In the early days of electronics, vacuum tube devices were powered by batteries as many homes had not been wired for electricity. The batteries used for powering these early electronic vacuum tube devices were classified as "A", "B", and "C" batteries.
The "A" battery was used to provide power to the filament of a vacuum tubes in the device. Typically this battery was low voltage (usually between 2 to 7.5 volts) but required a high amperage to power the vacuum tube filaments. Lead-acid types, like classic car batteries, were used initially until better high amp-hour Zinc-Carbon batteries were developed.
The "B" battery was used to provide the plate voltage of a vacuum tube. These were typically of Zinc-Carbon variety with many cells wired in series to provide the low amperage and high voltage (usually 22.5, 45 or 90 Volts) required.
The "C" battery was used to provide bias to the control grid of a vacuum tubes. This was typically a low voltage and low amperage (9 Volts with several 1.5 Volt taps) Zinc-Carbon battery. The C battery was largely done away with as it was soon discovered that the needed voltage/current bias could be derived from the "A" battery using a grid leak resistor or voltage divider biasing.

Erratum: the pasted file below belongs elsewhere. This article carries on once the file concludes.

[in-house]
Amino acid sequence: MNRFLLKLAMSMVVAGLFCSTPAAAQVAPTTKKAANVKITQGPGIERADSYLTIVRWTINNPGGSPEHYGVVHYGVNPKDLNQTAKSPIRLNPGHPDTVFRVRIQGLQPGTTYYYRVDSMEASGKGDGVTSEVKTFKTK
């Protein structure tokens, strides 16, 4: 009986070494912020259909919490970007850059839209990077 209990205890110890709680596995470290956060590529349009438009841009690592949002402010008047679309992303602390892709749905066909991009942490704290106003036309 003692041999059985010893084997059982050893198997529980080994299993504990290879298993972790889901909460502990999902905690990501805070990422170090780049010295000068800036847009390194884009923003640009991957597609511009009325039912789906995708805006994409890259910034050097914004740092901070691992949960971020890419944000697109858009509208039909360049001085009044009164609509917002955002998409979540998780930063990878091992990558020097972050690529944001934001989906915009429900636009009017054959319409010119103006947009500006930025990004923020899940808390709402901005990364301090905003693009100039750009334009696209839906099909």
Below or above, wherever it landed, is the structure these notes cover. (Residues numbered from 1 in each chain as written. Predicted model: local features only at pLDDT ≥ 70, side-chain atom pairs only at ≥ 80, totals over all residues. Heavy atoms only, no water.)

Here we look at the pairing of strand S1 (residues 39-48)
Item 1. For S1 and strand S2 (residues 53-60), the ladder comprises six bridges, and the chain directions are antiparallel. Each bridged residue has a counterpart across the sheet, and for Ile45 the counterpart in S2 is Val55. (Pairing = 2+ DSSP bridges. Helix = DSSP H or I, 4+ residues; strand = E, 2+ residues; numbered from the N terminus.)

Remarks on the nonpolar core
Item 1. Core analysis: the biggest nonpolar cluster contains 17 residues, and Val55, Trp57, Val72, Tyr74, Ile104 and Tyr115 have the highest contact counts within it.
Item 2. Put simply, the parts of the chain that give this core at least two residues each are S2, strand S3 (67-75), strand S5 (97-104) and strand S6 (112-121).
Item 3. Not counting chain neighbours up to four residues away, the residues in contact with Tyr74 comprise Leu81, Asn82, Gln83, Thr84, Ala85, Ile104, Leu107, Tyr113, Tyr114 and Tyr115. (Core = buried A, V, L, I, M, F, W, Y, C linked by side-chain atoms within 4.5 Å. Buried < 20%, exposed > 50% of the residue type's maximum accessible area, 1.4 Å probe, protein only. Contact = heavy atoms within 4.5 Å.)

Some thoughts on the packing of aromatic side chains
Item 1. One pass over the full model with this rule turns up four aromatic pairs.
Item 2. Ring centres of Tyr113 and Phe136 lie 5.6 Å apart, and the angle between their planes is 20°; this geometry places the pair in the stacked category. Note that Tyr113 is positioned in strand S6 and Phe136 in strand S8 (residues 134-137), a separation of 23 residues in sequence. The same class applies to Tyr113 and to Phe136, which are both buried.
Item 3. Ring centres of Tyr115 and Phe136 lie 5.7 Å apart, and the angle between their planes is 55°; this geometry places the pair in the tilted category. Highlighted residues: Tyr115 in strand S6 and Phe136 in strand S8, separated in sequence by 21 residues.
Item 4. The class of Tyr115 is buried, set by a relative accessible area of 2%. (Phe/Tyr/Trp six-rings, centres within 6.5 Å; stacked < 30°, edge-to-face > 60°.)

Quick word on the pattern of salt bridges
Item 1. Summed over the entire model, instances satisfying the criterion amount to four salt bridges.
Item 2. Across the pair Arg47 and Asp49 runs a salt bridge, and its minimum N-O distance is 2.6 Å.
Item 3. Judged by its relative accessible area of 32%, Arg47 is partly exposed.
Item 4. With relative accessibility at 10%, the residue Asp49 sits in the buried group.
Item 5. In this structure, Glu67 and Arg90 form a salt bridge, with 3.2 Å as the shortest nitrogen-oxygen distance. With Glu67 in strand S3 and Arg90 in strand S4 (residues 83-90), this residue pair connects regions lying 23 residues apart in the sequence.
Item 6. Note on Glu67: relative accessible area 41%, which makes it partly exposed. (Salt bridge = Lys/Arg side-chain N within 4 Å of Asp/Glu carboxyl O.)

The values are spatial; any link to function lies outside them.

Pictured about are examples of an "A" and "B" battery I just pulled out of a 1947 TRAV-LER Model 5020 portable vacuum tube radio that I am in the process of restoring. Two "A" batteries were connected in series to provide the required 9 Volts for the tube filaments. In addition, two "B" batteries are connected in series to provide the required 90 Volt plate voltage. No "C" battery is required as the Model 5020 uses grid leak resistors to provide required voltage.
I plan on gutting these vintage "A" and "B" batteries, then installing modern batteries wired in the proper fashion to achieve the proper voltage/current required.
Who Writes This Blog?
John is an IT professional from Cleveland, OH who enjoys amateur radio, ham radio, metal detecting,
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